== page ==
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Home care and hospice providers serve as patient advocates in many ways. Ensuring that local, state, and federal legislators are aware of the types of services provided in the home and the benefits of this kind of care is one example of advocacy. Our agency has found that inviting legislators on home visits changes the legislator's perspectives of home care and hospice with a deeper appreciation of home-based care. The following case study describes how a home health agency may introduce a patient to a legislator.


Although home health and hospice providers can easily relate to a "typical" patient-receiving services, there are key points to a successful visit with a legislator.


Tips for Successful Home Visits With Your Legislator


* Select a patient or family who is willing to share their story.


* Success of these home visits is impacted by the patient's or families willingness to freely discuss the benefits of receiving care at home.


* Select patient visits carefully.


* First, explore the willingness of the patient to allow the visit. Typically several "visitors" are present for such visits which can be overwhelming to the patient and caregiver.


* Second, consider the legislators reaction to the type of visit. Is the site of a large gaping wound or the presence of both wounds and drainage tubes going to be well tolerated?



* Select staff who can articulate and display strong patient and home care advocacy skills.



* Schedule more than one visit with varying diagnosis and home environments to demonstrate the vast difference in patient populations. Consider a Medicare patient (older adult), a pediatric patient, and others.



* Travel time offers a captive audience, so utilize "car time" to discuss concerns or support for current legislative action.



- Research your legislator and his or her voting record


- Ensure your comments demonstrate knowledge of the legislative action you are discussing


- Earn the legislators' respect by doing your homework on the issues.



* Research your legislator's position on home care issues and use of home care in the past, that is, family members who may have received home health or hospice.


* Research his or her experience with any home care organization.


* Educate your legislator on the number of patients you serve, the geographic areas, and volume of patients by age group, to indicate the impact that your organization has on his or her constituent group.


* Discuss the size and composition of your staff, reinforcing success as an employer and the importance of the services you provide, not only on the patients for whom you provide care but also your impact on the economics of the community.


* Provide bulleted written information that captures the elements of the discussion that your legislator can take back to his or her aide.


* Offer to be a resource person when the legislator has home care related questions or concerns. Keep your legislator and his or her informed on issues BEFORE they appear on the floor of the State House.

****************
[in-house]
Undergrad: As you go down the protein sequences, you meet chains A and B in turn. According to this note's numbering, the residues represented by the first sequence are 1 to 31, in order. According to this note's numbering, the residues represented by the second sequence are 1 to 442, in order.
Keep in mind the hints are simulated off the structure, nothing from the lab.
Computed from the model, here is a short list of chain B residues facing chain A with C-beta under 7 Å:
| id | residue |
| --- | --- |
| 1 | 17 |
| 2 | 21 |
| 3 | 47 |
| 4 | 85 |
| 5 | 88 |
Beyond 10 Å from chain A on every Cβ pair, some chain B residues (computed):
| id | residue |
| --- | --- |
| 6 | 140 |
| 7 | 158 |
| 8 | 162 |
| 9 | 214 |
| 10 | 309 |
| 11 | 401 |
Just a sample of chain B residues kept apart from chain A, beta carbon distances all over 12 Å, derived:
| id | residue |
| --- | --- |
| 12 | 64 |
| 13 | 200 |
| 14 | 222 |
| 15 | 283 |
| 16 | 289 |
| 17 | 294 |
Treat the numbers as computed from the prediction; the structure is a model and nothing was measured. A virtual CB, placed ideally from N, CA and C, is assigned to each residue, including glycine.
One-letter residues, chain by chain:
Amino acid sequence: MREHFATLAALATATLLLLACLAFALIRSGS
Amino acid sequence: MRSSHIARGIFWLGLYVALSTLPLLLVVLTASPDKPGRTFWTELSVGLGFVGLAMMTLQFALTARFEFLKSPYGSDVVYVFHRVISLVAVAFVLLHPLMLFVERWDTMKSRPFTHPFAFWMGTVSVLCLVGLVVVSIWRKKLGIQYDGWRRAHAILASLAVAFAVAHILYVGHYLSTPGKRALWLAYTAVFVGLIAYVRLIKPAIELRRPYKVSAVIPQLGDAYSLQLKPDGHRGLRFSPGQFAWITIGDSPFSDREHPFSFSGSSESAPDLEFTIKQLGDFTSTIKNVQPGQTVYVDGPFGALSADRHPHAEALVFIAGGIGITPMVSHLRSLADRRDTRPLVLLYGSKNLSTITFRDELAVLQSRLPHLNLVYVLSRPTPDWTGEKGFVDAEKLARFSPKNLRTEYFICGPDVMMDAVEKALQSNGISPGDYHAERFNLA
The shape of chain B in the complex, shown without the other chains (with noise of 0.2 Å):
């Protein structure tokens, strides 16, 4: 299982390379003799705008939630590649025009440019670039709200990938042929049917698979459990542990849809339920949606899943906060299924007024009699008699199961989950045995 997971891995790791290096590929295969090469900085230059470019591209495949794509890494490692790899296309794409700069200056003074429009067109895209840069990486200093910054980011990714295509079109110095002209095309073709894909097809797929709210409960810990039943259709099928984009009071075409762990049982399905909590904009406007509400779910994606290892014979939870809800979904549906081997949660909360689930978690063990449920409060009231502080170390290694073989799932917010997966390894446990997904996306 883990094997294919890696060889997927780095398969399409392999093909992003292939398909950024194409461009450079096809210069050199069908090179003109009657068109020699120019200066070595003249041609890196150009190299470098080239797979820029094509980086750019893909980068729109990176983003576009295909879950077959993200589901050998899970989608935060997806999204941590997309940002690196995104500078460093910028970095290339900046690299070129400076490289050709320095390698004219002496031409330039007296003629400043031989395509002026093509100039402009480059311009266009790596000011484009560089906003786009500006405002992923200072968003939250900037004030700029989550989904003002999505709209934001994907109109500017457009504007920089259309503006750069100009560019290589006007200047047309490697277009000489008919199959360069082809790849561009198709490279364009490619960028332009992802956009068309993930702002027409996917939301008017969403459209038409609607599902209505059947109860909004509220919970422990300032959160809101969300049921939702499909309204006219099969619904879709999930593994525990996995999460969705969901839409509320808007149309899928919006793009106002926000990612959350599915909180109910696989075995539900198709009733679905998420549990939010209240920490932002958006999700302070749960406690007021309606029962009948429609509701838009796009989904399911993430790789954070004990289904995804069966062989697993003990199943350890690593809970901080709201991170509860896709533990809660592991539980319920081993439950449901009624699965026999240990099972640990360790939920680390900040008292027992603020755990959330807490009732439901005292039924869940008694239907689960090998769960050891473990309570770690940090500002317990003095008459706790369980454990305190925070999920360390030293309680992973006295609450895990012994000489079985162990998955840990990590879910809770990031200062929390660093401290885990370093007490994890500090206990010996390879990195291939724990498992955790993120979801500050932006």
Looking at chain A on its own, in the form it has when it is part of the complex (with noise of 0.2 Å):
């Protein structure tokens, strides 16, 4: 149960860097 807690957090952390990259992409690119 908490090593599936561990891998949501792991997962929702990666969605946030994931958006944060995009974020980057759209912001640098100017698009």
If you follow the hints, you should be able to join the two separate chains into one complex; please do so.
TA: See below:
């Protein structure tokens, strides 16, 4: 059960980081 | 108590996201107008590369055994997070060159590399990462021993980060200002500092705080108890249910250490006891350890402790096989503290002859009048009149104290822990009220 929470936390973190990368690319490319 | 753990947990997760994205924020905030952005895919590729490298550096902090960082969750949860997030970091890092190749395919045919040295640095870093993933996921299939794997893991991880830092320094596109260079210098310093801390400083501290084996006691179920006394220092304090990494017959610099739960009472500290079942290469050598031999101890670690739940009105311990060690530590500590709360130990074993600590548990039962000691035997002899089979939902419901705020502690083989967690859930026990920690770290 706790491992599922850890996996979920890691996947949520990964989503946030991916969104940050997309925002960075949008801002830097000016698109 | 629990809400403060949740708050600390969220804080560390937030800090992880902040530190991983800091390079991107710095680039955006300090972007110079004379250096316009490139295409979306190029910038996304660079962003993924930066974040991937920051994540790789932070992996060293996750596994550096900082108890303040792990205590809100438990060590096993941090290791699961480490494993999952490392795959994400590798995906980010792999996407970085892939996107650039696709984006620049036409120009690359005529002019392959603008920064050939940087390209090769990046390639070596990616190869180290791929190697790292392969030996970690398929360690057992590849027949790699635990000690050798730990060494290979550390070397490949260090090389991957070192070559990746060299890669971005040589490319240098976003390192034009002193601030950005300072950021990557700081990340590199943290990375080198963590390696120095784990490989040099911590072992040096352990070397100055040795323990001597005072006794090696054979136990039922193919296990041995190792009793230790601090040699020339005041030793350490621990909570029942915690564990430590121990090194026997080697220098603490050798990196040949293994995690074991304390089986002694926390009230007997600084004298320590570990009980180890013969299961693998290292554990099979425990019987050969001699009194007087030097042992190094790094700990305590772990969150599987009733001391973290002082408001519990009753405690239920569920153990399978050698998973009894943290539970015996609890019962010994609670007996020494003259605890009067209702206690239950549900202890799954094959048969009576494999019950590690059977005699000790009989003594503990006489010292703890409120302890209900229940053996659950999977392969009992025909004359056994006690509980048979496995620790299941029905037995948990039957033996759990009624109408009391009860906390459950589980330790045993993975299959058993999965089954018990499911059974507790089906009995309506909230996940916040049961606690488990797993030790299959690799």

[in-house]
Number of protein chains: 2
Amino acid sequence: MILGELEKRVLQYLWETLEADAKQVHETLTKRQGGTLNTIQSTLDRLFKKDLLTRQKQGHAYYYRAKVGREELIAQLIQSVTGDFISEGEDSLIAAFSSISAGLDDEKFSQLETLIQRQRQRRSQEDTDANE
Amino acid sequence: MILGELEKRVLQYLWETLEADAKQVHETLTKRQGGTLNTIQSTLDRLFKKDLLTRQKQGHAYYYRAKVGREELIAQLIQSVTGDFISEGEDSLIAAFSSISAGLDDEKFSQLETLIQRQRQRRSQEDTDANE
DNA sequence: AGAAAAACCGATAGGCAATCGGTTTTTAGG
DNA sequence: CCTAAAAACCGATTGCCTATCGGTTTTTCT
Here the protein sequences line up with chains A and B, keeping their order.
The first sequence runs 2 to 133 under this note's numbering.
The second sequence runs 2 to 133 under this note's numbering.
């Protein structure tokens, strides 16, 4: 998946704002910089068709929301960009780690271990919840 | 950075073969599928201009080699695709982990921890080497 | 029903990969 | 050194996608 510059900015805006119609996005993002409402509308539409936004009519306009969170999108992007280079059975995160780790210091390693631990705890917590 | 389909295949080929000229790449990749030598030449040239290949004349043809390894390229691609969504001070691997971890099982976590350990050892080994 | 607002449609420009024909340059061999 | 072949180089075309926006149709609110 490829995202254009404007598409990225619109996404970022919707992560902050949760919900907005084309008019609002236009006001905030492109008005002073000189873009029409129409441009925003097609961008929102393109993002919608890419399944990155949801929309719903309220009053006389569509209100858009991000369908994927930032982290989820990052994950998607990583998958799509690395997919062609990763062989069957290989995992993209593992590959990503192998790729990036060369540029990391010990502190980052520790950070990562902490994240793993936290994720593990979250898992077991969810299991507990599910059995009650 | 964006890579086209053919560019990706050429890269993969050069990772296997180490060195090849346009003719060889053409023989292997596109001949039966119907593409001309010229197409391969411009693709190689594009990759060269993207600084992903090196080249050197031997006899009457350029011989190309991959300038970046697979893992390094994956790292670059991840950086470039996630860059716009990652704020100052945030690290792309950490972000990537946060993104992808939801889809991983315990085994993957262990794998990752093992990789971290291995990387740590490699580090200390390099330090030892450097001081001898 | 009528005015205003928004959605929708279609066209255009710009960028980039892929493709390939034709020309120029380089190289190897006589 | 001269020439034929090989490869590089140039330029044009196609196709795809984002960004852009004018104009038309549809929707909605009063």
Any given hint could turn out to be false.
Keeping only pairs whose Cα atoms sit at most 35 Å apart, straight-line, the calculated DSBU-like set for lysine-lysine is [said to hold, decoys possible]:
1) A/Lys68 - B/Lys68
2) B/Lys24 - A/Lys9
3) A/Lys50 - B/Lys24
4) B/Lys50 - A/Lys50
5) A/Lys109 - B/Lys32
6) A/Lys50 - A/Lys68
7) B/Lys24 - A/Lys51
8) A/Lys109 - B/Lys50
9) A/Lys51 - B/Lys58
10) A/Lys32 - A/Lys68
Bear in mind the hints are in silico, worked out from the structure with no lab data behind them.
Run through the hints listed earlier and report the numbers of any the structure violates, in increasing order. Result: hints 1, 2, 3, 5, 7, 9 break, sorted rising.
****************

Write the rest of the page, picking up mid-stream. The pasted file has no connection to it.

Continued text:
* Consistently schedule visits to your legislator's office when he or she is offering visiting hours back at home. Relationships are important and must be sustained for maximal effectiveness.


Other considerations

Staff selection for the visit also takes careful consideration. The clinician must be articulate and comfortable engaging in conversation with a legislator. He or she must be a strong home care advocate and a strong patient advocate. A professional, neat appearance and strong organizational skills related to the visit are also important. Professional behavior, beginning with personal presentation (neat dress, visible name tag, eye contact, a firm handshake, etc.) and extending these attributes throughout the visit, may reinforce staff competency and support the level of competent care that is provided in the home.


It is imperative to develop and maintain effective relationships with legislators on both a federal and state level. Although state legislators do not have direct control over federal monies, they do make decisions that impact state Medicaid programs, matching federal dollars and other state-backed initiatives. It is critical to know legislators as neighbors. Seek every opportunity to support their campaigns. Support is appreciated and remembered when critical legislation is reviewed in committee or presented for a vote.


Legislative involvement is a must for the future of home care and hospice. As home care and hospice providers facing multiple challenges, our voice and experience must be heard on Capitol Hill and in state government to survive. Legislators need to understand the importance of home care and hospice and what better way to earn this appreciation than to witness the benefit of our care. There is no substitute for face-to-face encounters. Know your legislative contacts at all levels-local, state, and national. State associations as well as national associations provide excellent resources.


Taking legislators on visits is an outstanding demonstration of patient advocacy. In the wake of budget cuts and fewer marketing dollars, arranging home visits is a cost-effective way to have far-reaching impact. Call your legislators today to schedule your visit!!